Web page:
Fionn and FinnBoth pronounced Finn and both mega-popular in Ireland, but Finn is clearly the one taking off in the States.  Finn–or FionnMac Cool is the brave and handsome central character of Irish myth.

Eoin and EoghanThese two names, believe it or not, are both versions of John that are pronounced as Owen, a red hot name in America.

Callum and CalumInterchangeable spellings of a name that actually has Scottish origins and means ‘dove.’  is a symbol of peace and purity.  The Callum spelling is the one that’s taken off here, now at Number 847.

TadhgA name with quite a tricky pronunciation — ti-gue–Tadhg, which means poet or philosopher, was the grandfather of Finn Mac Cool.  Somehow we don’t see it heading for the US pop list any time soon.

Rian–An offbeat version of Ryan that had a brief moment of US popularity in the late 1970s.  The original Ryan is still Number 25 here.

CathalWith the surprising pronunciation of ka-hal (some books say koh-hal), this was a popular name in the Middle Ages and is now popular again in England.

RonanThis strong and attractive name is climbing in US popularity; it was used by Daniel DayLewis and Rebecca Miller, and by Catherine Bell.

Rory and RuairiPronounced Rory, Ruairi is one of several versions of the name all current in the Emerald Isle.  In the US, Rory is ascending for both boys and girls.

CiaranPronounced keer-in, is a saint’s name popular in Ireland for over 1500 years, known here through Harry Potter actor Ciaran Hinds.

Senan-An anglicization of Seanian (shan-awn) which has had a long run of popularity in Ireland.

Donnacha–An unusual name to the American eye, it’s pronounced done-acka and belonged to a High King of Ireland.  Simpler version Donagh (done-a) might be more possible here.

OdhranPronounced o-ran or o-rin, a name of seventeen Irish saints.  The phonetic Oran is also on the Irish list, and Oran, Orin and Oren are all heard occasionally in the US.

NiallThis name of a fourth century King of Tara is pronounced as ny-all, and translated here as Neil or Neal–names that haven’t been heard much in the US in decades.

DaithiPronounced da-hee, Daithi was the name of the last pagan King of Ireland.

For the full list of top Irish names, go here.

The only Irish names on the U.S. Top 100 are, for girls, the surname names Riley and Kennedy.  For boys, the Irish names beyond Aiden and its variations in the Top 100 are Liam, Ryan, Connor, Kevin, Brody, and Nolan.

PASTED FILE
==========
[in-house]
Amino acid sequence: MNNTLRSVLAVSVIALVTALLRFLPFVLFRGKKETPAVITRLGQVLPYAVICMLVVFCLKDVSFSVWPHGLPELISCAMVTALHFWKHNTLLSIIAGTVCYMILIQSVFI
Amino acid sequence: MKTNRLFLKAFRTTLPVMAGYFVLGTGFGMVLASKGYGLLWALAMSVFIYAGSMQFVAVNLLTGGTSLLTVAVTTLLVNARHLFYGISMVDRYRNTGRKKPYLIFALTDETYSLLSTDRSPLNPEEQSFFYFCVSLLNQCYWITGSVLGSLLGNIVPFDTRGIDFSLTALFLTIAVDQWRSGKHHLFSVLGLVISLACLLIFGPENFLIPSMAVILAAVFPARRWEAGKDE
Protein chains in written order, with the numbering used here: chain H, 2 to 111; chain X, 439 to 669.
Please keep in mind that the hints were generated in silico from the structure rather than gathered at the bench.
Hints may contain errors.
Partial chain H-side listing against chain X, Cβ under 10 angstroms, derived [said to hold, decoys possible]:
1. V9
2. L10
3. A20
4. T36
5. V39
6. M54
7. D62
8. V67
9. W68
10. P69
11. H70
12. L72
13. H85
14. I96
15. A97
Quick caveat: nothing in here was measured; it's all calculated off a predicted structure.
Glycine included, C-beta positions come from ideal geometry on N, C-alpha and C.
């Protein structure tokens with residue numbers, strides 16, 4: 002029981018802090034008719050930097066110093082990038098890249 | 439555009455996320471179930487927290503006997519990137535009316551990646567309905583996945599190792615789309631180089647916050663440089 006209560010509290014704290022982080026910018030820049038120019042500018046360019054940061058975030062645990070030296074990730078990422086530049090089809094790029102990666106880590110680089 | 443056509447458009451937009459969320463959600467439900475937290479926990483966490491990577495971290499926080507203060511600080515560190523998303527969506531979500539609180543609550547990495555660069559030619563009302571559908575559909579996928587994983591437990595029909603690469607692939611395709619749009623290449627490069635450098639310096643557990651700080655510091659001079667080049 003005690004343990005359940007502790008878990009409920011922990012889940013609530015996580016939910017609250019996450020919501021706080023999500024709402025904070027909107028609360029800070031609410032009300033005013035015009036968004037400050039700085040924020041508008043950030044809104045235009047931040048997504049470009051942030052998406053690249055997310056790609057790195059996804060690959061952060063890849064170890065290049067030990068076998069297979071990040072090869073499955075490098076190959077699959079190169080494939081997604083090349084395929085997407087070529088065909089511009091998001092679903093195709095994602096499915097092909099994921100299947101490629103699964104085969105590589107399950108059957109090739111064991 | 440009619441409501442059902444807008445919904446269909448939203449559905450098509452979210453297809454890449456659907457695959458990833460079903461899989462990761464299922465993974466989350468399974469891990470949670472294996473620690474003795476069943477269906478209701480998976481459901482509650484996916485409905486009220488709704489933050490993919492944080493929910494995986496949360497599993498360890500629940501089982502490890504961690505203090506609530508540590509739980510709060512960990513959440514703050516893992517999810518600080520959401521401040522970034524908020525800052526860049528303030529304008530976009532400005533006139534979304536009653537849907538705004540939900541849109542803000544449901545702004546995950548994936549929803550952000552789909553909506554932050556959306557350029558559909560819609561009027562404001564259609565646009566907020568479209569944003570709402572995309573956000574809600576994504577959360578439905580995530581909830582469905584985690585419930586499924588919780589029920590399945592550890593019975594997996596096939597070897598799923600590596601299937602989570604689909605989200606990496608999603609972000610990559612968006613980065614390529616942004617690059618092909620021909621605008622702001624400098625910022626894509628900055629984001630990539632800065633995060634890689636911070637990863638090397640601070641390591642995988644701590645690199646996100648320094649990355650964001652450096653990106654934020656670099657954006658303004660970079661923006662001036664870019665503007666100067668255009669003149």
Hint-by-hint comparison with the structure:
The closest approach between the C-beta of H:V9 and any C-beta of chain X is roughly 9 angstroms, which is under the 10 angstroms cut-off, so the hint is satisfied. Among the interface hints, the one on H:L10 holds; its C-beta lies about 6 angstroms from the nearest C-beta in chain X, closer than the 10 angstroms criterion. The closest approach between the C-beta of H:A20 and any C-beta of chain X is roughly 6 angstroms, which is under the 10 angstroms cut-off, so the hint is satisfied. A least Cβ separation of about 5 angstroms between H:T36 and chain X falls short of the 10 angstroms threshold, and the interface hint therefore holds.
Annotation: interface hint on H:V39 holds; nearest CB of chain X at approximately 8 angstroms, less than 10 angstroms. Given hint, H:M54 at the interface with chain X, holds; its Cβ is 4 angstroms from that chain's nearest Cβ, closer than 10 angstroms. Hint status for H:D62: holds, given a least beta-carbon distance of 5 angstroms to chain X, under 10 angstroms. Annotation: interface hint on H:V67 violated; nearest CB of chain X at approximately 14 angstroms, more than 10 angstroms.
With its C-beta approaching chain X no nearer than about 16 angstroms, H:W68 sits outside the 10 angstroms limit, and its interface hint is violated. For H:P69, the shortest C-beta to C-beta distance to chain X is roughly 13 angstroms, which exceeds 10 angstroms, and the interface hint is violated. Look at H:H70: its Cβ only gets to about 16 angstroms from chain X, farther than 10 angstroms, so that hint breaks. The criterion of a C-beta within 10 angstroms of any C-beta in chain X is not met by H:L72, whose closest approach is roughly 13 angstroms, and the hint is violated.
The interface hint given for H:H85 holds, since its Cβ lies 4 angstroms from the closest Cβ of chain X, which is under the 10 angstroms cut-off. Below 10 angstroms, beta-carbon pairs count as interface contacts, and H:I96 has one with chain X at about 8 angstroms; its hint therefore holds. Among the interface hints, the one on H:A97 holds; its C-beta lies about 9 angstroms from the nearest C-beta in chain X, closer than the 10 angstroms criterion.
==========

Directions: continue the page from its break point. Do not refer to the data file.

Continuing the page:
If you’d like to know more about Irish names, check out our book, Cool Irish Names for Babies.

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14 Responses to “Irish Baby Names: The new most popular”

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ErinLW Says:

July 11th, 2012 at 11:54 pm

I’m kind of happy my name is moving down in the charts… it makes me more unique!

ebenezer.scrouge Says:

July 12th, 2012 at 2:08 am

Niall may become better known through Niall Horan a member of British Boy Band One Direction. Niall is from Northern Ireland. I am not sure how well known they are in the US but in Australia they are huge.

evergreen Says:

July 12th, 2012 at 2:37 am

Ooo I love Oisin 🙂

pam Says:

July 12th, 2012 at 5:38 am

Hear you on Niall — read much more about it/him right here tomorrow!

sydnergy Says:

July 12th, 2012 at 7:36 am

How realistic in america are these?We have decided to use an irish name not on this list, but I am getting cold feet because of pronunciation and spelling issues. I guess if zai’yairiah can be pronounced Zaire I shouldnt worry so much?

augusta_lee Says:

July 12th, 2012 at 10:35 am

I’m usually not a proponent of changing original spellings…but 90% of these would only be usable in the US spelled phonetically.

OliviaSarah Says:

July 12th, 2012 at 1:55 pm

Aoife, Clodagh, Orla (or Orlaith), Tara and Eimear (I also like the phonetically spelt Emer) are favourites of mine. From the boys I like Oisin, Tadhg, Daithi and Odhran. I also REALLY love something about the spelling Ruairi, but I’m not overly fussed about Rory.